Cobblestone Farm Spring Fling
tried to call the animals over to us.
I have always associated Cobblestone Farm with the livestock, so after visiting them, I turned to leave.
Then Little Brother said, "I smell s'mores."
I smelled it too. "There must be an open fire somewhere."
We followed the smell of smoke up to the house and discovered an old-fashioned black cast-iron stove (the height of 1830s technology) with fire blazing, a few empty eggshells baking on the ledge, and a cake inside. A lady in a long green dress, checkered apron, and white bonnet was mixing the batter for a "cup cake"--not a cupcake as we know it, but a cake made with even cupfuls of ingredients (one cup of this, two cups of that, making the recipe easy to remember).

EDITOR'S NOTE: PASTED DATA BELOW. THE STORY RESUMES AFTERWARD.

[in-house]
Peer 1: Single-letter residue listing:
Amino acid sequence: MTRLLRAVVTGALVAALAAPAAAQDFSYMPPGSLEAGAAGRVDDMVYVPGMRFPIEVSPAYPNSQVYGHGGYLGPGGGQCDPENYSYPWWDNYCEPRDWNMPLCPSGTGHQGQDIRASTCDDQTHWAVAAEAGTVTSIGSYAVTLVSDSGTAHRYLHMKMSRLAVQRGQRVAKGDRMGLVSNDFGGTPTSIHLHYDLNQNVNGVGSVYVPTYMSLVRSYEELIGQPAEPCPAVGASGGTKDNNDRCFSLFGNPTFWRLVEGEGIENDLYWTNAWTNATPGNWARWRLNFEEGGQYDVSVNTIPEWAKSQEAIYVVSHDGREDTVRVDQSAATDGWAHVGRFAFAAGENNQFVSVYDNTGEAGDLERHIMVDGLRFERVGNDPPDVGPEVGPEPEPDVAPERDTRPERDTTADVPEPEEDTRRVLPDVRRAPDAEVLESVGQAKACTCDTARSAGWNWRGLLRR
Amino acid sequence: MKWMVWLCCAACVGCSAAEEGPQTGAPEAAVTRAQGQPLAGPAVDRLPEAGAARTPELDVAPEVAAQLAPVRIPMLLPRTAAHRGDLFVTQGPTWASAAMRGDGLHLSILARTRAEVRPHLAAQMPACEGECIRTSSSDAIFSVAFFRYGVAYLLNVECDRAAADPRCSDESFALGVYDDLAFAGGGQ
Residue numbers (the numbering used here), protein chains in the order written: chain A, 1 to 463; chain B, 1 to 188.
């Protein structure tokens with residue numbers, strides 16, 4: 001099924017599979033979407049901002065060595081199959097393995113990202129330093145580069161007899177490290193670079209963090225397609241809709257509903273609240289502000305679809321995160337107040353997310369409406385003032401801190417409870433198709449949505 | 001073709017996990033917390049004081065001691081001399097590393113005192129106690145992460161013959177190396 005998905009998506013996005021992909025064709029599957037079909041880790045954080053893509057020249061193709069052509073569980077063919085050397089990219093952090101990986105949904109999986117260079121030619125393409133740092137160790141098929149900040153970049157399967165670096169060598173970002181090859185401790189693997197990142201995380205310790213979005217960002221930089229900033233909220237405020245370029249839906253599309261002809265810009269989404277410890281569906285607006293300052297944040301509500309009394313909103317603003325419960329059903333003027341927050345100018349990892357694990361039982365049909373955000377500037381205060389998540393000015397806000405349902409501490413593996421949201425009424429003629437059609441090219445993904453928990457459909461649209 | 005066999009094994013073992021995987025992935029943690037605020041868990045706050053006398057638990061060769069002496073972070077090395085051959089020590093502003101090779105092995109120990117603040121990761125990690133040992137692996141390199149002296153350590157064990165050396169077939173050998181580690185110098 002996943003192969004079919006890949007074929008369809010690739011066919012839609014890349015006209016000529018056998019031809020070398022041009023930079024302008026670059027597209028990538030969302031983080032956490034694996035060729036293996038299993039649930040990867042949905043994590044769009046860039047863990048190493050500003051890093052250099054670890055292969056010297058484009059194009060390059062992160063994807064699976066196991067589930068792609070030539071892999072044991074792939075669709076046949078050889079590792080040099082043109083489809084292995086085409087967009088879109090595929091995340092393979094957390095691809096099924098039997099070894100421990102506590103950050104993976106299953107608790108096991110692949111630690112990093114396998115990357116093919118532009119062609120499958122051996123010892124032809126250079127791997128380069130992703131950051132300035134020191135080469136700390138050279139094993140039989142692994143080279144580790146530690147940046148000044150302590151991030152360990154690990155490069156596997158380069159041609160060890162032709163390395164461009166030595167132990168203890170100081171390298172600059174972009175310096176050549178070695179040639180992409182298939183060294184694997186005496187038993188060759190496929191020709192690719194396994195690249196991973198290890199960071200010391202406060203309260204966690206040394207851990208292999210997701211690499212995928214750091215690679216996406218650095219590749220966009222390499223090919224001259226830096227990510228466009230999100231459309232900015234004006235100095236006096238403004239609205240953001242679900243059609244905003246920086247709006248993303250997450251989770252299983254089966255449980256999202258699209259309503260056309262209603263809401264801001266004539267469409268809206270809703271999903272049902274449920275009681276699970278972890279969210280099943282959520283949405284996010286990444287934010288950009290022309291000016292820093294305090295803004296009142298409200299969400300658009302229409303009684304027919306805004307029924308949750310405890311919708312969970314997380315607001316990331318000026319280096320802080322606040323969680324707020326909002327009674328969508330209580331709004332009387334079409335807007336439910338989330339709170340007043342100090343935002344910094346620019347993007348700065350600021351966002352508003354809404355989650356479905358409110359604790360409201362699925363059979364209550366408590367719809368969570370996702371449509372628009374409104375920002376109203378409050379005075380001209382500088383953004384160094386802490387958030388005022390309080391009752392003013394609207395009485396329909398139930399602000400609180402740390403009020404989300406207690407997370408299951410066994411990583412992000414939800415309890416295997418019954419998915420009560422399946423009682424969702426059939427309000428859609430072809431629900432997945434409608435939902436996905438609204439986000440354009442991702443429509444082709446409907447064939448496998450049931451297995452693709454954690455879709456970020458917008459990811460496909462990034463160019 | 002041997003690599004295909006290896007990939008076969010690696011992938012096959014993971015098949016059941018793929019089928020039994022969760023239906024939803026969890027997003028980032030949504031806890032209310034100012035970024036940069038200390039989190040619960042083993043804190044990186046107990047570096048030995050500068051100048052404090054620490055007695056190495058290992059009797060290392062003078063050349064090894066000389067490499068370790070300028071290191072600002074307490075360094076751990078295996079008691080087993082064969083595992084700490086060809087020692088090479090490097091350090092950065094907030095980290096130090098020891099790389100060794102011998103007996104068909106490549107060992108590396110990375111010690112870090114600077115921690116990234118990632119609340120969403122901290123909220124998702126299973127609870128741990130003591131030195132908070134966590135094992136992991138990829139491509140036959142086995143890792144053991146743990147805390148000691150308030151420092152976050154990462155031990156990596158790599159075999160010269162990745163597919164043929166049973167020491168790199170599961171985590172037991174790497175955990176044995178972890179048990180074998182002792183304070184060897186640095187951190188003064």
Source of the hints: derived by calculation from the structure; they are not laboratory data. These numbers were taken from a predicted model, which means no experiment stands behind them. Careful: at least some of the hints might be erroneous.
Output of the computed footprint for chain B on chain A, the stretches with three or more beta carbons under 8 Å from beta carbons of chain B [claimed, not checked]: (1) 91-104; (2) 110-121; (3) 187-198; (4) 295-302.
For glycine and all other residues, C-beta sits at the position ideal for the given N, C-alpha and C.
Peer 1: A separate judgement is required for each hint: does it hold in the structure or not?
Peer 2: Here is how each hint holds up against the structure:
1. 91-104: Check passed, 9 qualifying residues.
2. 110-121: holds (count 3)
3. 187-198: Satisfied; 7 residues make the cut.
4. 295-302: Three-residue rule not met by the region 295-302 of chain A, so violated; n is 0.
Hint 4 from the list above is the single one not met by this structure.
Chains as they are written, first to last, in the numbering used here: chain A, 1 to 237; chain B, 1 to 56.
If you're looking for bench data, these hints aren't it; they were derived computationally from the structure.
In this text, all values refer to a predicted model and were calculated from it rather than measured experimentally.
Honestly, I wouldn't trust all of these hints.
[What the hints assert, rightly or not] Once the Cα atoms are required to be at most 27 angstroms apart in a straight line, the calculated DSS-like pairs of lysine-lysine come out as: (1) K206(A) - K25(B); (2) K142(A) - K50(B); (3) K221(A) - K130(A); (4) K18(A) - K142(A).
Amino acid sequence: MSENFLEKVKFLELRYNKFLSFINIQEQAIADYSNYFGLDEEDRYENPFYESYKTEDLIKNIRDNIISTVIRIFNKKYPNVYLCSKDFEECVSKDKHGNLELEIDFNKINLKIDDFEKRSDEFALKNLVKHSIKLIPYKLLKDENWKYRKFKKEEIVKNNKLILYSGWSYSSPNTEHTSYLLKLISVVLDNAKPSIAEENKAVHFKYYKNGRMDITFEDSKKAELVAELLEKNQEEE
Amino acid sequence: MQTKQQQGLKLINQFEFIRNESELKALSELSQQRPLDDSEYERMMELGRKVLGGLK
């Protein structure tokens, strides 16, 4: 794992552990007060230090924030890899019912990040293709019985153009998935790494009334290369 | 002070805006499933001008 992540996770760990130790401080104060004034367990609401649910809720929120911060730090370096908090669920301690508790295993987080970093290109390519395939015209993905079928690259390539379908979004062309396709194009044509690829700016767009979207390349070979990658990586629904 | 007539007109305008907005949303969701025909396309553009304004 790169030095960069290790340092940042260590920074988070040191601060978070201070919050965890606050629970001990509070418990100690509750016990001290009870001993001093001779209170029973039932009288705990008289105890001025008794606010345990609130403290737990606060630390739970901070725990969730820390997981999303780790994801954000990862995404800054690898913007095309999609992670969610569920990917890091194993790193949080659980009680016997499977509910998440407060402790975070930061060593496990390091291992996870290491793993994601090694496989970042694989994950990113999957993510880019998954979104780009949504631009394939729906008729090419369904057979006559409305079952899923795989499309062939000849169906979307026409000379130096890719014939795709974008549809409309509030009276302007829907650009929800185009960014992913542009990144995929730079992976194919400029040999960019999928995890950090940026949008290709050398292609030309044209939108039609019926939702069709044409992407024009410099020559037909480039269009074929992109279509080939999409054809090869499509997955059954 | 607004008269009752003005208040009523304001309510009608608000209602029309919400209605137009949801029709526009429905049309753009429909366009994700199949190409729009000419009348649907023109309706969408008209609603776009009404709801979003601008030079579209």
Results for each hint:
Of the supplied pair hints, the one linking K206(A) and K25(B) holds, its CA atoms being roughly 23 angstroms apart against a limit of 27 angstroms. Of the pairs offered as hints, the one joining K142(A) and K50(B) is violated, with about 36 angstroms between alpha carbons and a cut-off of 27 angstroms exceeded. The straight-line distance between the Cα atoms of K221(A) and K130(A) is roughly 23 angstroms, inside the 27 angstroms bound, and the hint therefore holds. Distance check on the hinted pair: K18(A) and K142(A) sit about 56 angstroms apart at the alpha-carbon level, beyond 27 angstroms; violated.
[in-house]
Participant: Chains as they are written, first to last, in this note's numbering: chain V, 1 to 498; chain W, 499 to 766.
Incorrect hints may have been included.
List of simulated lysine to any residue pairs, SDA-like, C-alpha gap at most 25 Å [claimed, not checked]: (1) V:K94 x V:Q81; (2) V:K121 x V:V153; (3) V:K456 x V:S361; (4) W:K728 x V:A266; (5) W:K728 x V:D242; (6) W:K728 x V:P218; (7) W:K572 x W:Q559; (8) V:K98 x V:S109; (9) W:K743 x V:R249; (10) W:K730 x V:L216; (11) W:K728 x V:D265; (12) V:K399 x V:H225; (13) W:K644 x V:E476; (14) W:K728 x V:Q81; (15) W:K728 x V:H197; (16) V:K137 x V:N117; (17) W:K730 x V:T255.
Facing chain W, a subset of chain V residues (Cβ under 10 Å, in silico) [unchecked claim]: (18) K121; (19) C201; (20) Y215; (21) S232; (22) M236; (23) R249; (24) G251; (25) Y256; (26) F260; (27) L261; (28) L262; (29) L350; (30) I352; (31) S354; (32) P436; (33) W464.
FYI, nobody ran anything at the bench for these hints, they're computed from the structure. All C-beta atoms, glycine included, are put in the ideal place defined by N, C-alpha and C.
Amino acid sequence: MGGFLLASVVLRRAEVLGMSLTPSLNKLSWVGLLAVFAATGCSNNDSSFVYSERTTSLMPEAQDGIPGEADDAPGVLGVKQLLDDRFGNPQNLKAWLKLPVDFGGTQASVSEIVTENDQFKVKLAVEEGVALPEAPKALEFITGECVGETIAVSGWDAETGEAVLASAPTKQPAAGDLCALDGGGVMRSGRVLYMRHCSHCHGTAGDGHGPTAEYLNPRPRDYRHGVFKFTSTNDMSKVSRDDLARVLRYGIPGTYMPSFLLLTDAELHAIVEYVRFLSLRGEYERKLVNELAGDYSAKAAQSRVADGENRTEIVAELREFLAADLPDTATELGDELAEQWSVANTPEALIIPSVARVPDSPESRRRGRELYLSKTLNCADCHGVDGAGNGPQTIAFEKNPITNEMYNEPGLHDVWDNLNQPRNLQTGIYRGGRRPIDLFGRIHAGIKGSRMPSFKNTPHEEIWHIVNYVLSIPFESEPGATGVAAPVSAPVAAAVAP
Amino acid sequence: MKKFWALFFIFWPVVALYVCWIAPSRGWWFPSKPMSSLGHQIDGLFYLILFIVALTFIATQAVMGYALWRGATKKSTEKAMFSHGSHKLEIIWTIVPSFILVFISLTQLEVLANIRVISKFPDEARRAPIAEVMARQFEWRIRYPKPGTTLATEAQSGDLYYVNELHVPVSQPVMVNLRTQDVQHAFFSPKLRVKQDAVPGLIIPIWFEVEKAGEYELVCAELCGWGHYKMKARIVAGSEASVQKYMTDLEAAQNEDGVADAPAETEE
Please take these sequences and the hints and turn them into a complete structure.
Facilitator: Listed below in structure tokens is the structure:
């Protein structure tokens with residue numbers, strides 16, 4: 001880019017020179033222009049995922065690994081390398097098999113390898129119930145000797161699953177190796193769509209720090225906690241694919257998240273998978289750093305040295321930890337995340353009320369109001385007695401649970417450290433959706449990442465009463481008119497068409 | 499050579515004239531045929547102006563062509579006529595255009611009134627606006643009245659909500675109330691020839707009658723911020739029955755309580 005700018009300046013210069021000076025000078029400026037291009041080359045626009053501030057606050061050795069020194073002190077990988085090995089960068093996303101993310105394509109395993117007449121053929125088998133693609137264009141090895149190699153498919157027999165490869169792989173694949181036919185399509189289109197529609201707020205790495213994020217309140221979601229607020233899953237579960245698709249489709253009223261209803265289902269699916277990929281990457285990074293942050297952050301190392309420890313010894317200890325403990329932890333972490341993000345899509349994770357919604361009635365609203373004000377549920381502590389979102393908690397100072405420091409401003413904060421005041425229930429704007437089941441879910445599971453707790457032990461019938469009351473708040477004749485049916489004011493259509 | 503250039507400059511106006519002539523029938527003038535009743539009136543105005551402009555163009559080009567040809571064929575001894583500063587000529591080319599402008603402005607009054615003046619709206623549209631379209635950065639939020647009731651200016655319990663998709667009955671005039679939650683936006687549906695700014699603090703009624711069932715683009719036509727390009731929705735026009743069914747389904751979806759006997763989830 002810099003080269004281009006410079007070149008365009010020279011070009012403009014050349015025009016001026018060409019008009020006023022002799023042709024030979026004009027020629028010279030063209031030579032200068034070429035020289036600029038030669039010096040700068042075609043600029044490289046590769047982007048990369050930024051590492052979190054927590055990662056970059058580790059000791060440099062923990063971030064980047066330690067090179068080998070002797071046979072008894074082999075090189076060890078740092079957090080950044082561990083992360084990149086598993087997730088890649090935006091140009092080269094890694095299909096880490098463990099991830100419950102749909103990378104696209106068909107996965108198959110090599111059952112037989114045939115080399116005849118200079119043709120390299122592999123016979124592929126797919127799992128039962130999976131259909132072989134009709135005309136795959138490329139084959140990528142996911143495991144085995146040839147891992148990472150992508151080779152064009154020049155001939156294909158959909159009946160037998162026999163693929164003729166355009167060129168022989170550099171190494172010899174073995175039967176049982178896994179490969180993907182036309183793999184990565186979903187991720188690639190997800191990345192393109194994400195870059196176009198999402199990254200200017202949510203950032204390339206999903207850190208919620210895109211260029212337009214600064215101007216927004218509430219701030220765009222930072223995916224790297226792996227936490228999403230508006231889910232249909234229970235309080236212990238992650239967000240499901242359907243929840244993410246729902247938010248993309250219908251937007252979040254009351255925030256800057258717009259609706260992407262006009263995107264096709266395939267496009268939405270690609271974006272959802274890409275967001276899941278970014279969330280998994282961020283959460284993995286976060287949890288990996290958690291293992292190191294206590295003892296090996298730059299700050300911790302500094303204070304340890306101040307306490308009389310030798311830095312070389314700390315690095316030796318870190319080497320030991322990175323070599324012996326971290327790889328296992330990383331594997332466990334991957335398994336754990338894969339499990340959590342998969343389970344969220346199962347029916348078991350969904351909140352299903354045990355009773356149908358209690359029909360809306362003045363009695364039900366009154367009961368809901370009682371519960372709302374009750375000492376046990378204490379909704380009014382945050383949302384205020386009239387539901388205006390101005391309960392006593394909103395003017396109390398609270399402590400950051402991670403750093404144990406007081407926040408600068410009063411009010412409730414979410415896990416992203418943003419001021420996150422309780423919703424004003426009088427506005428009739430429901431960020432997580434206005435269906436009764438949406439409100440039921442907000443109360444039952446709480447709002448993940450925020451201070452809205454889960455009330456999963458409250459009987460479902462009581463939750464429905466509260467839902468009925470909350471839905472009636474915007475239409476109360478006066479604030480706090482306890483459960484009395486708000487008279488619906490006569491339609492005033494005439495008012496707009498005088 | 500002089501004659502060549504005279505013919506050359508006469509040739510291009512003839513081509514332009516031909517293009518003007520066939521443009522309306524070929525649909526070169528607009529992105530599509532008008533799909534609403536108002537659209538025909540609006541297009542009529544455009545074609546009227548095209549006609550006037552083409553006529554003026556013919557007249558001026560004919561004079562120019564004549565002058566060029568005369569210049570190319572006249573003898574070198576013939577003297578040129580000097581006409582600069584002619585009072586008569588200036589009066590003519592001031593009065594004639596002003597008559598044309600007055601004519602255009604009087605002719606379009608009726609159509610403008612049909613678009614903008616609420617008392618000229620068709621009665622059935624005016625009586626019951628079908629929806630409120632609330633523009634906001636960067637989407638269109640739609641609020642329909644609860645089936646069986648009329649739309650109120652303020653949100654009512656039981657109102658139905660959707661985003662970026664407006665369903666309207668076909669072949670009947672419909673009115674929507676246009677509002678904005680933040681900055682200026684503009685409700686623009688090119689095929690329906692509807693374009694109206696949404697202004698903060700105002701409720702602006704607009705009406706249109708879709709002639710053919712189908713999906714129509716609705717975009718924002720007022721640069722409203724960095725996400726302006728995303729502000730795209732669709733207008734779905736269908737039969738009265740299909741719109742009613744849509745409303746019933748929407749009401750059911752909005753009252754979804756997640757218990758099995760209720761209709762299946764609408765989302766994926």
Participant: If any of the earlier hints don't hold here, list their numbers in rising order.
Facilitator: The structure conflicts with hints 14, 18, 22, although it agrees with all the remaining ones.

On the back porch, we found some boys fiddling with the trebuchet, a wooden catapult that had gotten swollen in the humidity. They never got it working, but they told us about catapulting pumpkins at the Fall on the Farm event and catapulting squashes at the Independence Day celebration. Fun fact: It takes exactly $37 worth of pennies to ballast the trebuchet.